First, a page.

Maybe they’re extra touchy since Passover is coming?
Egyptian security services have banned a documentary, “Jews of Egypt,” from screening on the eve of its release in theaters, Reuters reports.
The film is about the advancement of the Jewish community during the 20th century and focuses on themes of tolerance and identity. Producer Haitham al-Khamissi said Egypt’s Censorship Bureau are insisting the State Security must view and clear the film before it goes out to cinemas, although he’s already obtained a permit to have it screened.
“The authorities had already approved my film … I’m only asking for a renewal of the permission but until now I haven’t received it,” said Khamissi. “They are worried about us, the people who think. The content is controversial, politically.”
“After the creation of Israel in 1948, the world view of Jews changed,” he added. “There were worries that any Jewish Egyptian could be an Israeli spy.”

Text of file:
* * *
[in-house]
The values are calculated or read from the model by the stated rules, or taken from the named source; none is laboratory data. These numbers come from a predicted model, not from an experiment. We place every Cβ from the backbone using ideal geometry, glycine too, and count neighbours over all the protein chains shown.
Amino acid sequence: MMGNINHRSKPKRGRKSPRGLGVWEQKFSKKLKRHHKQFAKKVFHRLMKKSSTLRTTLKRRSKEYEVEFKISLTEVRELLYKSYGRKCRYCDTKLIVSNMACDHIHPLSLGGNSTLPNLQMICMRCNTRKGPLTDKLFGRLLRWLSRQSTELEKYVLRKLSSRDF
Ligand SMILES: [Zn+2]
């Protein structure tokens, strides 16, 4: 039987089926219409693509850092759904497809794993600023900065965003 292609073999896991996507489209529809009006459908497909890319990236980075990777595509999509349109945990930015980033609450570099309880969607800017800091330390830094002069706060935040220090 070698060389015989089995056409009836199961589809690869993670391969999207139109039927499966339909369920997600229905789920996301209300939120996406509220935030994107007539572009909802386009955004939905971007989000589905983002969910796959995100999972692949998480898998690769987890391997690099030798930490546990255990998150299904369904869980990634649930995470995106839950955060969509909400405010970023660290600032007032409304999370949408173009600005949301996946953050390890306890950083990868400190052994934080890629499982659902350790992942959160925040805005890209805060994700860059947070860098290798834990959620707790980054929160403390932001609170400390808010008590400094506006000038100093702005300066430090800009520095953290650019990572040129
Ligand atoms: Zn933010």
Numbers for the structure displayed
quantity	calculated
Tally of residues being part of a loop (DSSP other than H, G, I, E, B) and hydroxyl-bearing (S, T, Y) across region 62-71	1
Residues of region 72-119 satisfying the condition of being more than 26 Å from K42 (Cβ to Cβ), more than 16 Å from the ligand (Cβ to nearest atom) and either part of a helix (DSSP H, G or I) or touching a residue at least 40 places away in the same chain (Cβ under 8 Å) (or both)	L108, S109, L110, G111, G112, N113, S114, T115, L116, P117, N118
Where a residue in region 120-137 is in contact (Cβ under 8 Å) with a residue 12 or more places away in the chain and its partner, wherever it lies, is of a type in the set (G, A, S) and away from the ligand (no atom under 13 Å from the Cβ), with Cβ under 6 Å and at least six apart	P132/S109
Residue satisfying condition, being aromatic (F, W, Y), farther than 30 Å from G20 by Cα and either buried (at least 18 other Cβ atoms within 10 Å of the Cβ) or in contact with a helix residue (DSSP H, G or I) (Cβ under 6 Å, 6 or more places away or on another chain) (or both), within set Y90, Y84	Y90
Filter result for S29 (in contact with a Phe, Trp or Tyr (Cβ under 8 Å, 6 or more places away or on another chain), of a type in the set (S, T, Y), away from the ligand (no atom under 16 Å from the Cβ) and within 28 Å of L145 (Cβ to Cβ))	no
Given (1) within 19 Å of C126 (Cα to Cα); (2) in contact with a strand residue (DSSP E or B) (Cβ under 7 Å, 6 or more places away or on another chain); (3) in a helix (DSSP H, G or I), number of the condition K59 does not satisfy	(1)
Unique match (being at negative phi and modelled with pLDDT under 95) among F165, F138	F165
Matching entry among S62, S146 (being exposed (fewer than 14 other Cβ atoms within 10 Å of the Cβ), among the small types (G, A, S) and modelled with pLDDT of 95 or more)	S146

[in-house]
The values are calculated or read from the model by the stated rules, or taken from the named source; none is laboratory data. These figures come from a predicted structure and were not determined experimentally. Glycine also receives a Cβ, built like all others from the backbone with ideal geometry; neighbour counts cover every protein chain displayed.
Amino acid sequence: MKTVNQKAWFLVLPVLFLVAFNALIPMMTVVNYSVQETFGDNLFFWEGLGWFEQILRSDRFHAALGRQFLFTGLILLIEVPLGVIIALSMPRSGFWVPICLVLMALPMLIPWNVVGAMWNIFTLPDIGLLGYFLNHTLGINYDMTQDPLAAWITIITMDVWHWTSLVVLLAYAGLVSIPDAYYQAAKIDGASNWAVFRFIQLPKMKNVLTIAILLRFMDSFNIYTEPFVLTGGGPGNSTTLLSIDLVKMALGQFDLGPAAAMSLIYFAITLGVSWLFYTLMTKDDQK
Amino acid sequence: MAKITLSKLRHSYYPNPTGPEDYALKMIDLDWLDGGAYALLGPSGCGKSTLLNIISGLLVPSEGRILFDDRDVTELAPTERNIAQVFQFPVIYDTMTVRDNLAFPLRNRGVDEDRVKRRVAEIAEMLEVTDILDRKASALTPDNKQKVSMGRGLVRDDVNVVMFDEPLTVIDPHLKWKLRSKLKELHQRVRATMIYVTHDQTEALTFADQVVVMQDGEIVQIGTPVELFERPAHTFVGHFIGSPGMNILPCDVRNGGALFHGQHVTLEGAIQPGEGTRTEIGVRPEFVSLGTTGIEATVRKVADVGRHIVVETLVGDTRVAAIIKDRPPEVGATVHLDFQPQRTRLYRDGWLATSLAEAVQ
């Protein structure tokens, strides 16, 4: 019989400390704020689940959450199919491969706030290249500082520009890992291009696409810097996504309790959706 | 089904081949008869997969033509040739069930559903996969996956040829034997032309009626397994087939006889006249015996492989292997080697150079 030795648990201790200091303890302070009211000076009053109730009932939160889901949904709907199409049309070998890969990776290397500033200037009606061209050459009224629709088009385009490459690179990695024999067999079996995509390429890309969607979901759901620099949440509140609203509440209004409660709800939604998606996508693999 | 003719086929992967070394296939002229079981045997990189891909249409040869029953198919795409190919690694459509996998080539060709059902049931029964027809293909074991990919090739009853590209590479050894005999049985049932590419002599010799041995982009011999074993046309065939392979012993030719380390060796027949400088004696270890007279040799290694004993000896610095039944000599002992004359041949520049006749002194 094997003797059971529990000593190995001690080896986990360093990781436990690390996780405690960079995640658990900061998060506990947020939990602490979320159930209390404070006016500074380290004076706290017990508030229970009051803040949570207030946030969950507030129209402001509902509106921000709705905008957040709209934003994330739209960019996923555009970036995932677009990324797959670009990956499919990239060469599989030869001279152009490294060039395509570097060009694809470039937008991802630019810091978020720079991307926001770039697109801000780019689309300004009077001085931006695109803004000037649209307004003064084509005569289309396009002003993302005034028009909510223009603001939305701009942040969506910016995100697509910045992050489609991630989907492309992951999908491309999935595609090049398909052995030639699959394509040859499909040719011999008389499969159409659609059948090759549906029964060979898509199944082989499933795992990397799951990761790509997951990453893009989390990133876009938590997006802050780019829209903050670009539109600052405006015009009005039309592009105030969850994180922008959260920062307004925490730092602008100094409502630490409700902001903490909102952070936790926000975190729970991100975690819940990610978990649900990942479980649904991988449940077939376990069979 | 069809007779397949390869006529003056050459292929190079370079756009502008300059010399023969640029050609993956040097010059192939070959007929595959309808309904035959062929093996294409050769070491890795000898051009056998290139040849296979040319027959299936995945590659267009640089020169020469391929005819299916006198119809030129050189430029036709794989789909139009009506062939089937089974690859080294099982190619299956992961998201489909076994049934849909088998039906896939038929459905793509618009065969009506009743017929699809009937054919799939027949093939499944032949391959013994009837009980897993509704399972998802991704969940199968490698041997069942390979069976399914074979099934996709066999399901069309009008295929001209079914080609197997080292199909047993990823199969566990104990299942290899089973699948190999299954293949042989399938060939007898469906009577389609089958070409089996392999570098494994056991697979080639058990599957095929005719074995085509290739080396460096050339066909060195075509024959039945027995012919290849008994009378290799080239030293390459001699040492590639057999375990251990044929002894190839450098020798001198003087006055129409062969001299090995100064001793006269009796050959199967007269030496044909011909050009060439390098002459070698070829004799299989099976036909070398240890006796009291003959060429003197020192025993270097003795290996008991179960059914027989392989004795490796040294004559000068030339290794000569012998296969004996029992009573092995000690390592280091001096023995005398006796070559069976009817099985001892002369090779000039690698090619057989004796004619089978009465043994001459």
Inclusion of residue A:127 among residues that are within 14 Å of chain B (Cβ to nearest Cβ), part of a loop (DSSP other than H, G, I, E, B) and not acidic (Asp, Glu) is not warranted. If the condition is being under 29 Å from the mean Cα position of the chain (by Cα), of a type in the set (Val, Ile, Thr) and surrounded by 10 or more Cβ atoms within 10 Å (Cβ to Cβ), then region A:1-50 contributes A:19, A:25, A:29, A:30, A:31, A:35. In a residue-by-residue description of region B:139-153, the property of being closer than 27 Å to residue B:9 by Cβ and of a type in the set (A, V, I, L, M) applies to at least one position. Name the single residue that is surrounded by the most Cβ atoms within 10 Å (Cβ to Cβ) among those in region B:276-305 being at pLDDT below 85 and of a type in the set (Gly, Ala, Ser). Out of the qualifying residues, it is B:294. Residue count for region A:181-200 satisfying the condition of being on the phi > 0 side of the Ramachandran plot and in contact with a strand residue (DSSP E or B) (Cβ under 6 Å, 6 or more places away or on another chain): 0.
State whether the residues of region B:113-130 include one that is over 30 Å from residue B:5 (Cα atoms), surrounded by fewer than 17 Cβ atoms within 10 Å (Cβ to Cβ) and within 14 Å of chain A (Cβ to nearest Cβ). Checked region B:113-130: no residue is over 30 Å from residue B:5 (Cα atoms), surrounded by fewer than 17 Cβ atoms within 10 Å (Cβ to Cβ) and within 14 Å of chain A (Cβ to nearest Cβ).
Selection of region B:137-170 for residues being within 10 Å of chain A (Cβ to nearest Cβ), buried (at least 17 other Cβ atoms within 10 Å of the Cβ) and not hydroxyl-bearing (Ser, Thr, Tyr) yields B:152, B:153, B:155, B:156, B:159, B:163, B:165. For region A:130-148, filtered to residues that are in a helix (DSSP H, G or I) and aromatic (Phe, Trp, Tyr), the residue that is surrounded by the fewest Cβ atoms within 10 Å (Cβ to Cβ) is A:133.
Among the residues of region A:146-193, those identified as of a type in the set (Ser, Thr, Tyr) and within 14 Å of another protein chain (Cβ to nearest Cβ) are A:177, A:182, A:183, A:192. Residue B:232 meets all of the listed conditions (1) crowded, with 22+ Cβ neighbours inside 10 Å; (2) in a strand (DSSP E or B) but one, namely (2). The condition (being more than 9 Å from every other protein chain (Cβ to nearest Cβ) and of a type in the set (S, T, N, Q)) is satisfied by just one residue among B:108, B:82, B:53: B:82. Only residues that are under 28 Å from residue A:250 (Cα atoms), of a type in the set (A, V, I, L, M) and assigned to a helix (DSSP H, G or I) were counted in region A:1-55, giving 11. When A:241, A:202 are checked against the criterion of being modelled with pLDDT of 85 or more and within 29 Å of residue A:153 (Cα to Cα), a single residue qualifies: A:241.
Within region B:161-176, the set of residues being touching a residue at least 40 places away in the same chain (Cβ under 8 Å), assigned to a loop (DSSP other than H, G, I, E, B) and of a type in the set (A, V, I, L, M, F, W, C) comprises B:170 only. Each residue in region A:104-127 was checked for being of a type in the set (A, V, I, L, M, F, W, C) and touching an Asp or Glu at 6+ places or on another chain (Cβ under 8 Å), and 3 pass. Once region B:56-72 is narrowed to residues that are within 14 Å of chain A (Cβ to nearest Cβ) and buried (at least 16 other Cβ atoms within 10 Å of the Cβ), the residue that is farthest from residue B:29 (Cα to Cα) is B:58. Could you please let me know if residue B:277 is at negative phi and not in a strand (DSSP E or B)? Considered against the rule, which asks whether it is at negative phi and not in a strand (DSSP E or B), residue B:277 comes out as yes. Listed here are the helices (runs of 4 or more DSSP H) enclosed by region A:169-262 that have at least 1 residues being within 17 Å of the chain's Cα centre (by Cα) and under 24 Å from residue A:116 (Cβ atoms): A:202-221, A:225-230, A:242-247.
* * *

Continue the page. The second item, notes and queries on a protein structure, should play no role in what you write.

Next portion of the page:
Khamissi said he screened the film in Egypt last year, but the permit he had only allowed a few people to see the movie. The permit he applied for this year requests the film be shown to the public, a request he says Egyptian security will not grant.
Most Egyptian Jews left the country after the Suez Crisis in 1956, when former President Gamal Abdel Nasser expelled disloyal Jews from the country. The film’s trailer received lots of buzz in Egypt, since there is very little produced material about the Jewish community.
Film director Amr Ramses told the AFP he plans to take legal action to have the film screened.